Another way of looking at the role of failure in magick is to treat it like the role of failure in the physical sciences. It allows you to test methods and procedures an determine whether or not they truly work. In order to do this it is vitally important that practical rituals have a measurable goal to accomplish at which they might or might not succeed. That way there’s no question – your ritual either succeeds or fails. And you can learn as much from failure as you can from success.

    Philosopher of science Karl Popper got into an enormous trouble at one point for pointing out that psychoanalytic theories are not scientific for this precise reason. Said theories are not only complex, but within their structure they contain explanations for every possible observation and thus cannot be falsified. That makes them impossible to improve by application of the scientific method. For example, in Freudian analysis you have the observations that the theory predicts along with the concept of “reaction formation” which is a catch-all for observations that don’t fit the theory.

    To avoid this sort of thing, make sure that failure is always possible and measurable when you perform a rite. It can lead to a lot of insights that redefining everything that happens as some sort of “success” will never give you.

    • Kalagni says:

      I completely agree and I do treat failure much the same way as I would with a physical science. I didn’t go into it too deeply as this was just a meandering thought.

      I think there is useful “training” when engaging a new practice to make it magick you can’t (or can’t easily) fail, but beyond that it is and should always be an option.

      Regarding psychoanalysis not being scientific cause there is always an answer, I see the same thing with some magickians. Results don’t manifest and the first thing from their mouth is a stream of why it happened. They claim to know right there why it didn’t work, without investigating what went wrong, and arguably if they knew it wasn’t going to work they would have done it differently. Since they closed themselves off by “knowing” the answer, by having an immediate response, they lose the opportunity to actually learn and grow.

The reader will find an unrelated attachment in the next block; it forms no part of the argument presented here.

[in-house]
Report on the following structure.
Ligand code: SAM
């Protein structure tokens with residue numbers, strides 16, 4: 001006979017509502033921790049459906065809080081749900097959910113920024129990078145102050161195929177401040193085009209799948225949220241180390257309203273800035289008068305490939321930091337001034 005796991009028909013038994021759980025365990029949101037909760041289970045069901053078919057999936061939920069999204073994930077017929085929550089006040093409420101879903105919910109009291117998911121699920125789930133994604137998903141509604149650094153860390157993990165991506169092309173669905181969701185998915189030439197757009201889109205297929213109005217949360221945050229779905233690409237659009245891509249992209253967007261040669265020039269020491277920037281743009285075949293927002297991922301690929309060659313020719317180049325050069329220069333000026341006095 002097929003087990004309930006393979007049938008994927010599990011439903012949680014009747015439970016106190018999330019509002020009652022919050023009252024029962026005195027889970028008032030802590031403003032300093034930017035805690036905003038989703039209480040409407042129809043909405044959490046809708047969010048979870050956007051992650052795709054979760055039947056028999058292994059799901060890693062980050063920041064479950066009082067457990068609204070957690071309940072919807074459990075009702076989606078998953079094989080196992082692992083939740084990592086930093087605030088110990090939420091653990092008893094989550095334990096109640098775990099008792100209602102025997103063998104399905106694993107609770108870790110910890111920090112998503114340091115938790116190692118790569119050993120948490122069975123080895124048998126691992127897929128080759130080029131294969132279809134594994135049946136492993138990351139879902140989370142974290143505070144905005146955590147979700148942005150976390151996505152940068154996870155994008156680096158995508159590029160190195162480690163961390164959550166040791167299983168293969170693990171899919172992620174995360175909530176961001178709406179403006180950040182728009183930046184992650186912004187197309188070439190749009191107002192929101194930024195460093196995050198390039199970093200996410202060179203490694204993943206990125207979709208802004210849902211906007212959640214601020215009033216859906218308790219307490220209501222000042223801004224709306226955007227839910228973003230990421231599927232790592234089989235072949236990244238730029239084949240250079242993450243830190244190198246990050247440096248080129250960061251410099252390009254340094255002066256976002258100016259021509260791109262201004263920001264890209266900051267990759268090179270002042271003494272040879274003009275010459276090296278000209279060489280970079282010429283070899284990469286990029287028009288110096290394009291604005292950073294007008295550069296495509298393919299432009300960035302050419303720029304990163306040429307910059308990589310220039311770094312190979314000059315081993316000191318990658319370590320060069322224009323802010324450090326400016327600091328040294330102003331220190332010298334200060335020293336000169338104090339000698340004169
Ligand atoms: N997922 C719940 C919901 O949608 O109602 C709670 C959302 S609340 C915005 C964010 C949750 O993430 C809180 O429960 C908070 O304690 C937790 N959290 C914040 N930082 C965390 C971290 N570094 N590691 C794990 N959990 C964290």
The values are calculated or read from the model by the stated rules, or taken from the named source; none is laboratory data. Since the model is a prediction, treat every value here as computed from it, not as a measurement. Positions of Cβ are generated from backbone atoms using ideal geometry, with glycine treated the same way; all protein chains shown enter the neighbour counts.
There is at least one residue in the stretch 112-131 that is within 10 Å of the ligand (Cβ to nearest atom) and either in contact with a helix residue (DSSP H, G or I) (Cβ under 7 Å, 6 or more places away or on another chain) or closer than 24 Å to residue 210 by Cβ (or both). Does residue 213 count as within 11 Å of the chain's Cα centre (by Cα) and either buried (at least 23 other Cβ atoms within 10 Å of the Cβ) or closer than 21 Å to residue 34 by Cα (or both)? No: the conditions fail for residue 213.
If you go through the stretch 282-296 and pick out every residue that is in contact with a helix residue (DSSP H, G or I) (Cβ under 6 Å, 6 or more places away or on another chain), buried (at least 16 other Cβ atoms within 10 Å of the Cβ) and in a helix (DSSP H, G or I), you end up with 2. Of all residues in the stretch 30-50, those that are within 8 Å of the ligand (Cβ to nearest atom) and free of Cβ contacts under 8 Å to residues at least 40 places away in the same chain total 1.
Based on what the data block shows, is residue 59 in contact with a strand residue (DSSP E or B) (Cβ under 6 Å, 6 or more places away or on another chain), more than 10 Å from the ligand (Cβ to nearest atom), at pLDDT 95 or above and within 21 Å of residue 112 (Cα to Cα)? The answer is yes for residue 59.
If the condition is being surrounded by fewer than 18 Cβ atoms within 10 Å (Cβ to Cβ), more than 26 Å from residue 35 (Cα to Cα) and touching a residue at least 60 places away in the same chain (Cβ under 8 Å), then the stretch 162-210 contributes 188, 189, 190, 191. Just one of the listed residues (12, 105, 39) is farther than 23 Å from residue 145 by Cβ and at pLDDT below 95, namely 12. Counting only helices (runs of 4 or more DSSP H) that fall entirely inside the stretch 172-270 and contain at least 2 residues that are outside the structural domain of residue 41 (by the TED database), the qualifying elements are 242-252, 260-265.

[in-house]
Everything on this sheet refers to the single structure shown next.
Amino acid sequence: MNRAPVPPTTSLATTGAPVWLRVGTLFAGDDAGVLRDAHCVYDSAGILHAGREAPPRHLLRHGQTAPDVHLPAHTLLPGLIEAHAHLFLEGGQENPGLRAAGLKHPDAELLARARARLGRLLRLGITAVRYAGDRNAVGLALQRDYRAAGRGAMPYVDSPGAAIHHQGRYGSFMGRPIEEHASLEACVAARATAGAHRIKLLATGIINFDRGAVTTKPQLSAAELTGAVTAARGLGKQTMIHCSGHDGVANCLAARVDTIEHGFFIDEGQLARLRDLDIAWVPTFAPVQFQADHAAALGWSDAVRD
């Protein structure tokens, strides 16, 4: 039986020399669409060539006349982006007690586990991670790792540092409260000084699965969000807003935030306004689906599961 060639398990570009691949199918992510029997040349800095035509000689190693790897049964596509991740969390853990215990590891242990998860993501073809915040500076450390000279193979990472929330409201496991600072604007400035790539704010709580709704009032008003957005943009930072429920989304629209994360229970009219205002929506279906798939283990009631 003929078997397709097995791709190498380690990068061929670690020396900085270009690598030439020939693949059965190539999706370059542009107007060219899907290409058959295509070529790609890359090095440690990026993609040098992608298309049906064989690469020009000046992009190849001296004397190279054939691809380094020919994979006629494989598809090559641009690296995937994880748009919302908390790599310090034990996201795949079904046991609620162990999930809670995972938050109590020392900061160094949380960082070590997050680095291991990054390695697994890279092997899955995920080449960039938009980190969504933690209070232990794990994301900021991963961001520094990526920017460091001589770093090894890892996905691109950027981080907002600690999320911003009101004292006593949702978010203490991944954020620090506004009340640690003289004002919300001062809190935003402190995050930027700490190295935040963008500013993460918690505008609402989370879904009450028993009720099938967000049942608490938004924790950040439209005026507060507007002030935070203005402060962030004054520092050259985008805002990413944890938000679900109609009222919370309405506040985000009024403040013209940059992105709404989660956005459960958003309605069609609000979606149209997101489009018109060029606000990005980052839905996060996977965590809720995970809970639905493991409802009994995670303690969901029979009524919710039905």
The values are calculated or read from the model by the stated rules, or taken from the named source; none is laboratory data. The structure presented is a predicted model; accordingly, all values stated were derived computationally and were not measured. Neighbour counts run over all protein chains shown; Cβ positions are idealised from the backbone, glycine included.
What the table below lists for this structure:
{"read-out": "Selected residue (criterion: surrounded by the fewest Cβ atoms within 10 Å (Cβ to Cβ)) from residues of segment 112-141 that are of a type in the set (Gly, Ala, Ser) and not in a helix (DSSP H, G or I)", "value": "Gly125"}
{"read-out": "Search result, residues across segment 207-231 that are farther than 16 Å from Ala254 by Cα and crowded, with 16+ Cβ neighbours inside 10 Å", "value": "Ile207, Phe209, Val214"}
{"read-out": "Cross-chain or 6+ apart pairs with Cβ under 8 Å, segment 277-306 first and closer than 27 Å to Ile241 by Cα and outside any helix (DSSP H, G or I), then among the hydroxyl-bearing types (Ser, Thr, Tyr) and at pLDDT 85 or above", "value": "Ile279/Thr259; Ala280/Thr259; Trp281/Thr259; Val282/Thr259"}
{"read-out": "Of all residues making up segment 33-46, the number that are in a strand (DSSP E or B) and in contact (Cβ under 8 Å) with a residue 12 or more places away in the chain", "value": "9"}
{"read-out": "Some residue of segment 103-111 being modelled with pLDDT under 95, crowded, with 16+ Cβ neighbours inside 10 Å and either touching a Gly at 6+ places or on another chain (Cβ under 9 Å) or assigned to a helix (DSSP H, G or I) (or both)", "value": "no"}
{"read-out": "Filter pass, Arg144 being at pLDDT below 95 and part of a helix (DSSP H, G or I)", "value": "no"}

As Adam Savage says “Failure is always an option.”

  4. “This leads to another fault, the inability to be honest, perhaps with others, but more importantly the inability to be honest with the self.”

    This is a poisonous situation to be in, as it bleeds into other aspects of your life with continued reinforcement, and you end up very much like some of the louder bloggers that have been getting attention recently.

  5. Simply Awesome Article! I’m not a Magi yet but… I can relate to your Idea of Failure. This Applies not just in being a True Magician but… in Life in General as Well! Cool Insight! 🙂

  6. […] magick. It’s also a #$^#@$^#$ing frustrating part of magick some times. I’ve talked about how Failure is the Sign of the Magickian before. (Five years ago O.o) I stand by that to this day. If you never fail at magick, you’re […]